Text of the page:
6 degrees of participation

Regular readers (thank you, mum) will know that I get frustrated by the current obsession with getting consumers to ‘participate’ with brands. My concerns are twofold.

Firstly, we do this without asking our audience whether they want to get involved or not.  Thus we risk swapping one flawed model (one-way communication) for another (forced participation).  My analogy is that we’ve stopped boring people at the dinner party but we’re now dragging them up to dance, whether they want to or not.

My second concern is that we treat all categories, brands and audiences alike.  Even if we accept that some of us will sometimes want to interact with some brands, it’s patent nonsense to suggest that we’ll all be participating equally, with all companies, all of the time.

Anyway, after moaning about this for a while, I’ve come up with a simple model which might help a bit.

In a nutshell, I think it might be useful to think of Participation in terms of a 6 point spectrum (see, I told you it was simplistic).

At the extreme end of the scale, we have those rare occasions when people are genuinely interested in the product itself.  The iPhone 5 would be a recent example of this: there had been feverish speculation about the minutiae of the handset before, during and after launch.  In cases like this, brands can ask a lot of their audience because they are highly invested and actively want to participate.  For instance, when Dare launched the game ‘APB:  All Points Bulletin’ for EA Games, we asked fans to vote on the creation of a real-world, ‘human avatar’, resulting in a volunteer being tattooed, shaved and pierced at the whim of the crowd.

The mutilation of other human beings isn’t for every audience though…so maybe the next point on the spectrum is where consumers are very interested in the brand, just not in the detail of the product.  This might be the case, for instance, in the prestige car market.  Yes, I know there are some real petrolheads who will be as obsessive about the engine as the iPhone geeks are about the screen resolution.  But there will probably be more who are interested in the marque itself.  Therefore, the most appropriate way to engage them will be via the badge: exclusive drivers’ clubs, events, partnership marketing etc.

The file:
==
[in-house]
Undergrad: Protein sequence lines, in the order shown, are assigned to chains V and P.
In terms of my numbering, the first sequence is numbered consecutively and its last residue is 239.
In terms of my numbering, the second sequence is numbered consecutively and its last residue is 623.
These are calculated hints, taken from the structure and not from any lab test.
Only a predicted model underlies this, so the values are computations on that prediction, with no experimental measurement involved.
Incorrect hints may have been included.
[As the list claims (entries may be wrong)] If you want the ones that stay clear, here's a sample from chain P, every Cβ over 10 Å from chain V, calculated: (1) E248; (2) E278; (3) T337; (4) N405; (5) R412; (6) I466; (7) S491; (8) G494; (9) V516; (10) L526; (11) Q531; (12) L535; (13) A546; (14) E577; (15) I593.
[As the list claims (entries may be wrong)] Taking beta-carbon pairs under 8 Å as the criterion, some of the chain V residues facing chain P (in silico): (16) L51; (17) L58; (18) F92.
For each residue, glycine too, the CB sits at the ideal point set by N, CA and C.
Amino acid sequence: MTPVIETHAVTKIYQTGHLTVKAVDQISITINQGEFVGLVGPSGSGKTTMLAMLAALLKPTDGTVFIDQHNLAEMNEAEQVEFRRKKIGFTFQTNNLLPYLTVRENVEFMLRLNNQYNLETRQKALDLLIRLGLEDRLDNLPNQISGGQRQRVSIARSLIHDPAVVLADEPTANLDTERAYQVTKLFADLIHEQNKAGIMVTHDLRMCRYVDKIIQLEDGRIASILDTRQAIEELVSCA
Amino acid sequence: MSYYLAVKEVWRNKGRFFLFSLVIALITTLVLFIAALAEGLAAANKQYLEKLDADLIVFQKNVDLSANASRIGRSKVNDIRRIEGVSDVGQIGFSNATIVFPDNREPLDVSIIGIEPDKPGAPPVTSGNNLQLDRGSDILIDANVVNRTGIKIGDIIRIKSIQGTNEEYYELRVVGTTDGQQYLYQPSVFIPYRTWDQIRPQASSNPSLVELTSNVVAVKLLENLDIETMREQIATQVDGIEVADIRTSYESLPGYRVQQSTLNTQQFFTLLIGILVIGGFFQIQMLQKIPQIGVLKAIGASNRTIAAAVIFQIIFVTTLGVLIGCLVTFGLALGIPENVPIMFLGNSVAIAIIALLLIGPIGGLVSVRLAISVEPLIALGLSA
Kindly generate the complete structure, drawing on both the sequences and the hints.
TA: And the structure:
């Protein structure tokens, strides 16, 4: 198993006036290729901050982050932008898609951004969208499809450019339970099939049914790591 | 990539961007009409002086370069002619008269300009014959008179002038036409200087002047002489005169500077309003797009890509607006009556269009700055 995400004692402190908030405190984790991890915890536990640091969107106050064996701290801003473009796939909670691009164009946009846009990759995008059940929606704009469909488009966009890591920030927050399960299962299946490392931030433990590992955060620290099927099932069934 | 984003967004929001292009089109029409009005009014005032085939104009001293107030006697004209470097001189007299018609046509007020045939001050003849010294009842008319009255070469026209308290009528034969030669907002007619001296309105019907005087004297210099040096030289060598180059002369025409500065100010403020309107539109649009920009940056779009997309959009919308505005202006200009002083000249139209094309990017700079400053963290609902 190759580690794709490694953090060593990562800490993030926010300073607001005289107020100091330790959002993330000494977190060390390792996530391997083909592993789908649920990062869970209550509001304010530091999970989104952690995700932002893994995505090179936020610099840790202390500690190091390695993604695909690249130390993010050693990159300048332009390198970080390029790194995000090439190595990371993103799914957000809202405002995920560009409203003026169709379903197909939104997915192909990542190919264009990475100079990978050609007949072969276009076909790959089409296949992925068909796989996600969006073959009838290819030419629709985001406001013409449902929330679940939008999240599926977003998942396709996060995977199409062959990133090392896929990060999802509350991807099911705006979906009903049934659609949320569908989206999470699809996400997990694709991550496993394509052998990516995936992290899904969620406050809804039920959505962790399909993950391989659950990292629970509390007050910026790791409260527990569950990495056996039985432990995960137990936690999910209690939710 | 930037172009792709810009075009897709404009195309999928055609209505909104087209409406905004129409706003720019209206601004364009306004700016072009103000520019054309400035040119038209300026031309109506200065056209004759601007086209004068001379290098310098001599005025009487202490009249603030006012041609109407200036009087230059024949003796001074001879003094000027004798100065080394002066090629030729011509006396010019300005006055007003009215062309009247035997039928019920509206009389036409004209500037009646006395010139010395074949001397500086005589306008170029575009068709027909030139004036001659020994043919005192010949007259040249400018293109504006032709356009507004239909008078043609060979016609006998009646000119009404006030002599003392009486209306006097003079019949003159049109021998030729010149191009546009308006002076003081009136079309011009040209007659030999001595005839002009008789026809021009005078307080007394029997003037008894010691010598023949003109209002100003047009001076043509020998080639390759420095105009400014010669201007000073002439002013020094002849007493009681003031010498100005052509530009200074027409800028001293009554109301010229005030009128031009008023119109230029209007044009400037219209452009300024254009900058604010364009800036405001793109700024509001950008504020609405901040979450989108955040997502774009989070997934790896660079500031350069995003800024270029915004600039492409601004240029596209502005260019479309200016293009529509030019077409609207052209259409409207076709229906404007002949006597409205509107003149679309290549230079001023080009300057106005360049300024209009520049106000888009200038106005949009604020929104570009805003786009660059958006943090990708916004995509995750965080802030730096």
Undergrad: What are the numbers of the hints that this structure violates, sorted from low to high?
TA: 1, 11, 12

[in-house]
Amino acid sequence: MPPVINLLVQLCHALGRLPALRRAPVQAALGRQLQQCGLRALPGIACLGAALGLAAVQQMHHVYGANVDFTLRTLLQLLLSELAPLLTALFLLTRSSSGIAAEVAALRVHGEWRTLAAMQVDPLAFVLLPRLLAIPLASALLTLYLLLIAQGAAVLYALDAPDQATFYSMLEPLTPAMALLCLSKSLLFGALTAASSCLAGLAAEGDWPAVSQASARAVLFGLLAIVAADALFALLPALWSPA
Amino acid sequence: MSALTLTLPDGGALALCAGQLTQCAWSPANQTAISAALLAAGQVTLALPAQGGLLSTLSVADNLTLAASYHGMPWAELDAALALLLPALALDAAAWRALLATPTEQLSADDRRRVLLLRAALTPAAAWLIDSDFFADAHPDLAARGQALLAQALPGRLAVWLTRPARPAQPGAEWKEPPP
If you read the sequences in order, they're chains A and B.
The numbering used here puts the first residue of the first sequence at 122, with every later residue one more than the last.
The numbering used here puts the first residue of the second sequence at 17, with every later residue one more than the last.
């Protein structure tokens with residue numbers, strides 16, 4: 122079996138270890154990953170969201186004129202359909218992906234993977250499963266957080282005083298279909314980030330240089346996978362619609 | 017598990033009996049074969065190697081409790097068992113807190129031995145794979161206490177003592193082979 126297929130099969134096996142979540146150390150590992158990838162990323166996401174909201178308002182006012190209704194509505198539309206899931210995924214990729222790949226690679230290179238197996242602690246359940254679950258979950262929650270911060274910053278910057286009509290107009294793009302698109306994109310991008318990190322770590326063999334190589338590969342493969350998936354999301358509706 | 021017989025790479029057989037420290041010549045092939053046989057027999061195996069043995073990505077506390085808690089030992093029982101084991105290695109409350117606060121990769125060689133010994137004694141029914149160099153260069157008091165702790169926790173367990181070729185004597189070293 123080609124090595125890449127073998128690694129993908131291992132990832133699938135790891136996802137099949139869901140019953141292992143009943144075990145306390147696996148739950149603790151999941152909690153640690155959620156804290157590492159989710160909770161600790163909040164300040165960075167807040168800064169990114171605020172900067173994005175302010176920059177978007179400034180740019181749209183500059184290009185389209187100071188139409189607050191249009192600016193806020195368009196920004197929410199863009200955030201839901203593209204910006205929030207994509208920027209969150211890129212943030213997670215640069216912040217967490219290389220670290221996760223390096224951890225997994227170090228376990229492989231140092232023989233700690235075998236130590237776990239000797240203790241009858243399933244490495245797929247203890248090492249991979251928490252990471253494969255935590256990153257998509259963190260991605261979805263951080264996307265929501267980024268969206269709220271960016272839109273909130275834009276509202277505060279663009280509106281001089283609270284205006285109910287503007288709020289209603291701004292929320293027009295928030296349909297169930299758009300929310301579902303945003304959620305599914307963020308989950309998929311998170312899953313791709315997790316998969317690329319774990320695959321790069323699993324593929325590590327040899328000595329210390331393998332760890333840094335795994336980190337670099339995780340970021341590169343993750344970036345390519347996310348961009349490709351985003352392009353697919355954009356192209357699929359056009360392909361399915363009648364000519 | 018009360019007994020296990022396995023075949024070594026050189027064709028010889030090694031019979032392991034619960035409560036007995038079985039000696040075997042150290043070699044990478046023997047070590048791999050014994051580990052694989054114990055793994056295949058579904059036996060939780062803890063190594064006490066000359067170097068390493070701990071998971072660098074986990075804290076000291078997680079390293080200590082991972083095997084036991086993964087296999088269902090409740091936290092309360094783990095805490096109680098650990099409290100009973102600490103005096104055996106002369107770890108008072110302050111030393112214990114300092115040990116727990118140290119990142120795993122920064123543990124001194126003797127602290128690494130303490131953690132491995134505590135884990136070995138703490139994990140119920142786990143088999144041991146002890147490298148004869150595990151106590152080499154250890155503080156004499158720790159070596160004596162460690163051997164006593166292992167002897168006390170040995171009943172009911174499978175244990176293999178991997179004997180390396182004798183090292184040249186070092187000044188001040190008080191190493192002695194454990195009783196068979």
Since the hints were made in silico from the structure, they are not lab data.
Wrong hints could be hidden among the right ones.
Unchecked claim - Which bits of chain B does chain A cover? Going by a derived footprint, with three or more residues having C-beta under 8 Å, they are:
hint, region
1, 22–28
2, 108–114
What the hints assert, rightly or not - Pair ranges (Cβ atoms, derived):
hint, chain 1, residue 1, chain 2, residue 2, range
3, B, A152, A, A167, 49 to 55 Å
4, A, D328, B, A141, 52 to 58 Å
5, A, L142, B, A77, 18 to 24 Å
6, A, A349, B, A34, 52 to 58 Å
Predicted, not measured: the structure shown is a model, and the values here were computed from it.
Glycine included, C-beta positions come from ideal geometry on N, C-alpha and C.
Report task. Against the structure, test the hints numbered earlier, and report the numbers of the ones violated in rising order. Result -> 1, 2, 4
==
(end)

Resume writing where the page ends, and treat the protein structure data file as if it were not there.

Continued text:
Unfortunately, not all of us have fascinating brands either.  And much though we may be frustrated by this, there’s no point in taking our frustration out on the consumer.  So perhaps the next point on the continuum should be to find a broader category that people are interested in.  I think Pampers does this really well, for instance.  P&G realises that mums aren’t particularly interested in the product spec of a nappy or the heritage of the brand.  But they are really interested in the broader category of being a parent.  So instead of forcing people to participate with them on a narrow point, the brand has created a forum which millions of mums actually want to visit.

Now, what if your audience isn’t interested in your product, brand or category?  Well, maybe the next question is whether they might be interested in a generic benefit that the brand has appropriated.  For example, young blokes aren’t too fussed about the technical aspects of anti-perspirants, the Lynx brand, or the wider male-grooming category.  But they are interested in getting laid!  So that strategic platform provides a place for them to come of their own accord (possibly literally, in this case).

In some markets, of course, discrete positionings are hard to carve out and it’s all about brand salience.  An example might be Compare the Market.  Frankly, consumers are not interested in the product, the brand, the category or the positioning.  But the creative idea has caught the imagination.  Hence millions of people have got themselves a cuddly meerkat in what has hitherto been viewed as a very functional marketplace.

Finally, there are some brands that people are really reluctant to participate with, no matter what you do.  I worked on HM Revenue & Customs for 10 years and that would be one!  Our brand strategy was simply to make things easier for people, under the banner that ‘Tax doesn’t have to be taxing’.  It would have been tempting, and in vogue, to make this fully participative (e.g. to gamify the experience, taking you through levels that would reveal just how easy the process is nowadays).  However, this would just have got in the way.  So instead, we focused on our own actions (simplifying the forms, the online registration process, repayment etc) rather than asking any more of taxpayers.

As I say, this model isn’t perfect.  I can see how some of the points on the spectrum blend into each other; how some brands may need to engage different audiences in different ways; how my list of options isn’t exhaustive and so on.

But hopefully it might make us think about participation rather than simply pursue it unquestioningly, as ‘the thing to do these days’.  In particular, it might help us to consider the issue from the consumer’s point-of-view (what are they interested in: the product, the brand, the category, the positioning, the creative idea or none of the above?) rather than forcing them to ‘engage’ on our terms.

Anyway, it’s a work in progress so I’d love to hear what you think.  But only if you want to tell me, of course…

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